Col. Lawrence Wilkerson Warns of National Security State

This article originally appeared in the 2019 MAPA Summer newsletter

MAPA meeting Mass. Peace Action’s 2019 Annual Meeting

The former chief of staff to Secretary of State Colin Powell delivered a searing indictment of the US national security state to more than 100 people gathered for the Mass. Peace Action Annual Meeting at the Harvard- Epworth Methodist Church on March 9th.

In a wide-ranging and refreshingly candid speech, retired US Army Col. Lawrence Wilkerson described the ways in which the military-industrial complex has become ubiquitous and all-powerful in US government policy-making, posing a fundamental threat to our democracy.

As a high-level Republican staffer who served for years within the national security state, Wilkerson has an insider’s knowledge of its workings.

He traced the origins of that state to the 1947 National Security Act, which codified the existence of a perpetual war machine, even in peacetime. It took a leap forward under President Reagan, who justified a massive military build-up by demanding an assessment from CIA director Bill Casey that the Soviet Union was a threat, a claim which many in the CIA knew to be untrue. Reagan paid for the build-up by draining funds from the “welfare state” meaning all the civilian programs designed to meet human needs.

Lawrence Wilkerson speaking

US Army Col Lawrence Wilkerson (Ret.)

What does a national security state mean? Wilkerson asked. It means that your reason for being is war. It means the military plays an enormous role in foreign policy, in diplomacy, in domestic politics, in the economy. The gargantuan military budget devours the majority of the federal government’s discretionary spending, he noted. At its current rate of increase, including inflation and payment on the debt, it could consume the entire discretionary budget by 2030.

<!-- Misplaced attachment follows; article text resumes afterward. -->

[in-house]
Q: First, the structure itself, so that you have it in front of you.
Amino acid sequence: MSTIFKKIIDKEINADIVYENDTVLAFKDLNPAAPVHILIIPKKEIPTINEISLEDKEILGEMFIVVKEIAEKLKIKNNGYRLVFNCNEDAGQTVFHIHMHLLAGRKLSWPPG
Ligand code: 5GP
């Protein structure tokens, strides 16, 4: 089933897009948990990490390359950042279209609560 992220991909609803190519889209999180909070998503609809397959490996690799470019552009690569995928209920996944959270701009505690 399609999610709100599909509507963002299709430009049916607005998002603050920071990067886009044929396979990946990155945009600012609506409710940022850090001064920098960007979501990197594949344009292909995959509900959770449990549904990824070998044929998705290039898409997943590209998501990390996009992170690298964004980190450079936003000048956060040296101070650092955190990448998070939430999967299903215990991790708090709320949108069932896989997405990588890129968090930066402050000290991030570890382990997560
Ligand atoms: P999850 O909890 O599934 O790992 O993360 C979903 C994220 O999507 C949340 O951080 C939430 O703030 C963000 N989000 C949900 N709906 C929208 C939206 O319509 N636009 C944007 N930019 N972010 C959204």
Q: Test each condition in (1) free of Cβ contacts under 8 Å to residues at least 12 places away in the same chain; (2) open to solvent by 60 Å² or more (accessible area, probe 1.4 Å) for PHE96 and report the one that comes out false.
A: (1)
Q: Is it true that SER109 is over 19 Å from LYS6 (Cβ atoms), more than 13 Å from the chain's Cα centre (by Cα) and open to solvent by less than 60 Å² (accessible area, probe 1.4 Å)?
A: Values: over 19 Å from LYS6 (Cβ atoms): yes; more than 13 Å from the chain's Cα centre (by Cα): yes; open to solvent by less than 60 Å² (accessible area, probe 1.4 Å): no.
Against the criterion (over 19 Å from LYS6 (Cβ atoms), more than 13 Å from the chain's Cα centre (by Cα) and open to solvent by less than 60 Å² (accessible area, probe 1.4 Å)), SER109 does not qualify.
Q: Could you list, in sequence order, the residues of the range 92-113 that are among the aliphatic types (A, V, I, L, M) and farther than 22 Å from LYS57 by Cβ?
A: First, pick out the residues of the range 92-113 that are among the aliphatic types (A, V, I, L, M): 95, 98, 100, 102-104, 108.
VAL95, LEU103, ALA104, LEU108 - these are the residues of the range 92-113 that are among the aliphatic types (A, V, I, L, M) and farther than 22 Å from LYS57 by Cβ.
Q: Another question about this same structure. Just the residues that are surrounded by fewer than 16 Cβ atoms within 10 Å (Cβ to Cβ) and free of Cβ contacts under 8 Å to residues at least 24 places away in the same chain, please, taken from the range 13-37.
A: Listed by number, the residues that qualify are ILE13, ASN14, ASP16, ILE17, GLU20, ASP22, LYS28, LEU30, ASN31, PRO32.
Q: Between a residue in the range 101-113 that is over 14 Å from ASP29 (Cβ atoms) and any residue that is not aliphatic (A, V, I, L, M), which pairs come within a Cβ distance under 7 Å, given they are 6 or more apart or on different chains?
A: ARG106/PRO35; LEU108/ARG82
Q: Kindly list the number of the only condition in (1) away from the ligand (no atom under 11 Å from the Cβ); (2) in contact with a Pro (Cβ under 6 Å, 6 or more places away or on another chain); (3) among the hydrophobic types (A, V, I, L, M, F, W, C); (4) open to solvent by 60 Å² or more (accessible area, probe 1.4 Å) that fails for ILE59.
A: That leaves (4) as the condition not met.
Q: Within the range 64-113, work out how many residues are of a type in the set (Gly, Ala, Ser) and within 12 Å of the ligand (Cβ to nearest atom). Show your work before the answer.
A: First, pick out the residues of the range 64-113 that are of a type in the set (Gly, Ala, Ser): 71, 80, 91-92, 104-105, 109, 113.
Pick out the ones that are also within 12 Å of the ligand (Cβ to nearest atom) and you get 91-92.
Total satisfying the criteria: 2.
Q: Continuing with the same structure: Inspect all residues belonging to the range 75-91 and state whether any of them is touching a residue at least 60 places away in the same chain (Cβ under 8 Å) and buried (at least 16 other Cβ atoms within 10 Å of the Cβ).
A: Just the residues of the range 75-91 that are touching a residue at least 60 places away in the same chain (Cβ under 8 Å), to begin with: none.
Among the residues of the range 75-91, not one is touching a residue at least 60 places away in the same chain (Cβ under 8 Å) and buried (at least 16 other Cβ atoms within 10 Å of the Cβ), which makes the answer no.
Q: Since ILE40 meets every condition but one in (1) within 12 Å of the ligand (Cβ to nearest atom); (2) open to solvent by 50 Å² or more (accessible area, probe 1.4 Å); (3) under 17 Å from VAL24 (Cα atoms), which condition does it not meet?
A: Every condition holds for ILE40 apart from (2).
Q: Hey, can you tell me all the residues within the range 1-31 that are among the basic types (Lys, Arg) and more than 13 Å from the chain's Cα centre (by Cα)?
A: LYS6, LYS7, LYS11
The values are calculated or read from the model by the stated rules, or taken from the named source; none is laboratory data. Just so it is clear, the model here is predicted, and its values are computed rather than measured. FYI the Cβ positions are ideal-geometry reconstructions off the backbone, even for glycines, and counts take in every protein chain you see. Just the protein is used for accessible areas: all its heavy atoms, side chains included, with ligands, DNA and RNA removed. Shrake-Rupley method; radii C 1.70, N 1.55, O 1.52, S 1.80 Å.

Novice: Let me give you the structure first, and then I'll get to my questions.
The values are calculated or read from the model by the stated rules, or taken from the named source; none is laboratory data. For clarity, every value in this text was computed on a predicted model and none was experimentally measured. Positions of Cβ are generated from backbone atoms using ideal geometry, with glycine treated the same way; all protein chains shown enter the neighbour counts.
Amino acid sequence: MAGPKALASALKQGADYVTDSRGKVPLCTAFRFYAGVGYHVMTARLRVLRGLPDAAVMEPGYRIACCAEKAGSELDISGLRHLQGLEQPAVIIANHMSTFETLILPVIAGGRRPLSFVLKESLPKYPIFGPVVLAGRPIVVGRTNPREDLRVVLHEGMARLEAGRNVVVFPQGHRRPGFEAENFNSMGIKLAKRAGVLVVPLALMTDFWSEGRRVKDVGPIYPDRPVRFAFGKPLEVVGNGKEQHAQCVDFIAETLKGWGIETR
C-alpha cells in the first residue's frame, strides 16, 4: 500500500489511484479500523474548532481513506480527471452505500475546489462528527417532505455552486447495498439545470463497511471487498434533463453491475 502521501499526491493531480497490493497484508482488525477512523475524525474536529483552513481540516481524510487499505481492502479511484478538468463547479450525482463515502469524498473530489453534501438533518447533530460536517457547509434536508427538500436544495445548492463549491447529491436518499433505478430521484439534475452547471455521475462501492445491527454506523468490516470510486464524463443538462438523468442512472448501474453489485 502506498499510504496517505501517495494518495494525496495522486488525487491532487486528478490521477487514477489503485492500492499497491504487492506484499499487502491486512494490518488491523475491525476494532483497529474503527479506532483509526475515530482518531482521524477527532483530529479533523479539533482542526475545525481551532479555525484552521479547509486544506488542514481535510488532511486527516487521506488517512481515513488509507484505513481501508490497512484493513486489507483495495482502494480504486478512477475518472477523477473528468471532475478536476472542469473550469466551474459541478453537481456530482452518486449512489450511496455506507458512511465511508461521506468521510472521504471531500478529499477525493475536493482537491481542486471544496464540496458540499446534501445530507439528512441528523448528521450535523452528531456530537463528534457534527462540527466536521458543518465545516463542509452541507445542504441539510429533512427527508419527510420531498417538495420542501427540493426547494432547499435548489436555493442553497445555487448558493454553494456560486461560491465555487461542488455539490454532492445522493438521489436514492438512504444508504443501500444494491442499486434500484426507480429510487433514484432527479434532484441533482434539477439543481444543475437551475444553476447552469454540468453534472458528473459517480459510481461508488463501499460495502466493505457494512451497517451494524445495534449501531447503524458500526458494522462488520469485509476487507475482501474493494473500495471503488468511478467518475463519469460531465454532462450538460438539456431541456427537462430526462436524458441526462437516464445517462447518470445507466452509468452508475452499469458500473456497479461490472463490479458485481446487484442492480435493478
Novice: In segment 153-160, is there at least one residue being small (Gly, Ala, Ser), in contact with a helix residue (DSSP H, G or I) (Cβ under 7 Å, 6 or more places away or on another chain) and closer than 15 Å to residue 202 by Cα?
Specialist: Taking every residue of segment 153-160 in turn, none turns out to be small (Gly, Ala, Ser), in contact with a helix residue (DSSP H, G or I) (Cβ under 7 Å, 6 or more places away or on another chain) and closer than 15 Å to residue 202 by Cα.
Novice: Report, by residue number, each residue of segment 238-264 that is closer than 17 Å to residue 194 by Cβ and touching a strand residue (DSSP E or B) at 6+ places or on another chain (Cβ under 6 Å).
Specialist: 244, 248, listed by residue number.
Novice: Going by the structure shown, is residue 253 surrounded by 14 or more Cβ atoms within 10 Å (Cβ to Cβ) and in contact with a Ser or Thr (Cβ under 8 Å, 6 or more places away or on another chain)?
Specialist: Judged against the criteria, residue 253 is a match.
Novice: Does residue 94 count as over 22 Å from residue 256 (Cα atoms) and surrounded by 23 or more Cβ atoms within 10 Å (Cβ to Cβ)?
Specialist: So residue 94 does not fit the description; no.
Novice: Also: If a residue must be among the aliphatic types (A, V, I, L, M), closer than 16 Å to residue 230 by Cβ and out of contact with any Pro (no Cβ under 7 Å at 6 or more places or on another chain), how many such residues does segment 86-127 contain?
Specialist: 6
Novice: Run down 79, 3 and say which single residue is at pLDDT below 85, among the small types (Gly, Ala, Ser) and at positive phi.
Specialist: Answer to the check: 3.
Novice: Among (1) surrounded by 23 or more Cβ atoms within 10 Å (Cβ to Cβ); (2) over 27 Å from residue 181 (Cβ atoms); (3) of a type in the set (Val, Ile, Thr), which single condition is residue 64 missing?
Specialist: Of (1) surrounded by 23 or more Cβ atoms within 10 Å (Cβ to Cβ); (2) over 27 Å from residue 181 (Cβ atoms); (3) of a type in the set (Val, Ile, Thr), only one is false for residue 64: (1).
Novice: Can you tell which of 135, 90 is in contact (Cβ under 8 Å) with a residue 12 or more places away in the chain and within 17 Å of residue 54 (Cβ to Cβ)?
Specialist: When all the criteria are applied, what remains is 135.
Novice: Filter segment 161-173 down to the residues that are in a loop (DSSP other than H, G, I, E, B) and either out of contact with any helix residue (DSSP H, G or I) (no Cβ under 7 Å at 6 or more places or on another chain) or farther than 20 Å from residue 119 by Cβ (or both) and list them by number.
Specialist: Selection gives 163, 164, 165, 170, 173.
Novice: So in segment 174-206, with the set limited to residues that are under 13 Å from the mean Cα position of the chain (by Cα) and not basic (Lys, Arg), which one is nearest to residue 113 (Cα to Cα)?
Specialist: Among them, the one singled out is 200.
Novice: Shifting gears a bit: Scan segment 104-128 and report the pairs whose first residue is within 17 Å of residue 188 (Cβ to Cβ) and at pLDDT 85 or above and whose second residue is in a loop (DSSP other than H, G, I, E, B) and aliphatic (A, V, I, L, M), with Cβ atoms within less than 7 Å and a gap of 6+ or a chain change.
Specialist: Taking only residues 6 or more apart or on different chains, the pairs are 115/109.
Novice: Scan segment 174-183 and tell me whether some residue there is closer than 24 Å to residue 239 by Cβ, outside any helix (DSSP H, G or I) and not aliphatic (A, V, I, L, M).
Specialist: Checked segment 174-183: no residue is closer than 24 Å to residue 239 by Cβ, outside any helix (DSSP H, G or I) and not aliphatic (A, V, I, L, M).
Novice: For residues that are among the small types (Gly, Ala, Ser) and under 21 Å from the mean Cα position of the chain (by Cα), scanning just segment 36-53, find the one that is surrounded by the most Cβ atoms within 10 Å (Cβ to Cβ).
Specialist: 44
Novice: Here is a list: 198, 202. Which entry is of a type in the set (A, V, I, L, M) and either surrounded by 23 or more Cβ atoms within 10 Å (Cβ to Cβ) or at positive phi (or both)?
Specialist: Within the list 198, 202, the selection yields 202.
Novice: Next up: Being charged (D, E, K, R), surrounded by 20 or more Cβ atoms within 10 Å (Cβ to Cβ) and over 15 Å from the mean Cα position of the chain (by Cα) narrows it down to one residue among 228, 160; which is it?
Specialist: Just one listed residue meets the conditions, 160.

The military has created a Unified Command that divides the world into fiefdoms, each ruled by a four-star general. The US maintains 809 military bases circling the globe, whereas all other countries in the world combined, including Russia and China, have 77. In many cases, the very existence of those US bases incites wars.

Wilkerson stressed that leaders of both the Republican and Democratic parties were responsible for, and complicit in, the national security state. “Anyone who thinks the [leading] Democrats are different is smoking some pretty cheap stuff,” he said. “It doesn’t matter whether you’re talking to Nancy Pelosi or Mitch McConnell, war is on their agenda. Support of Raytheon and Lockheed Martin and Boeing is on their agenda. Taking money from these people for their PACs is on their agenda.”

But Wilkerson said he finds hope in the young people who are being elected to Congress today. “They’re a different breed of cat. I hope to heck they mean what they say…and that they’re not contaminated by this state before they get to the point where they can make a difference,” he said to enthusiastic applause. “And I hope there’s a whole lot more of them to come.”

—Jacqueline King is editor of the Mass. Peace Action newsletter.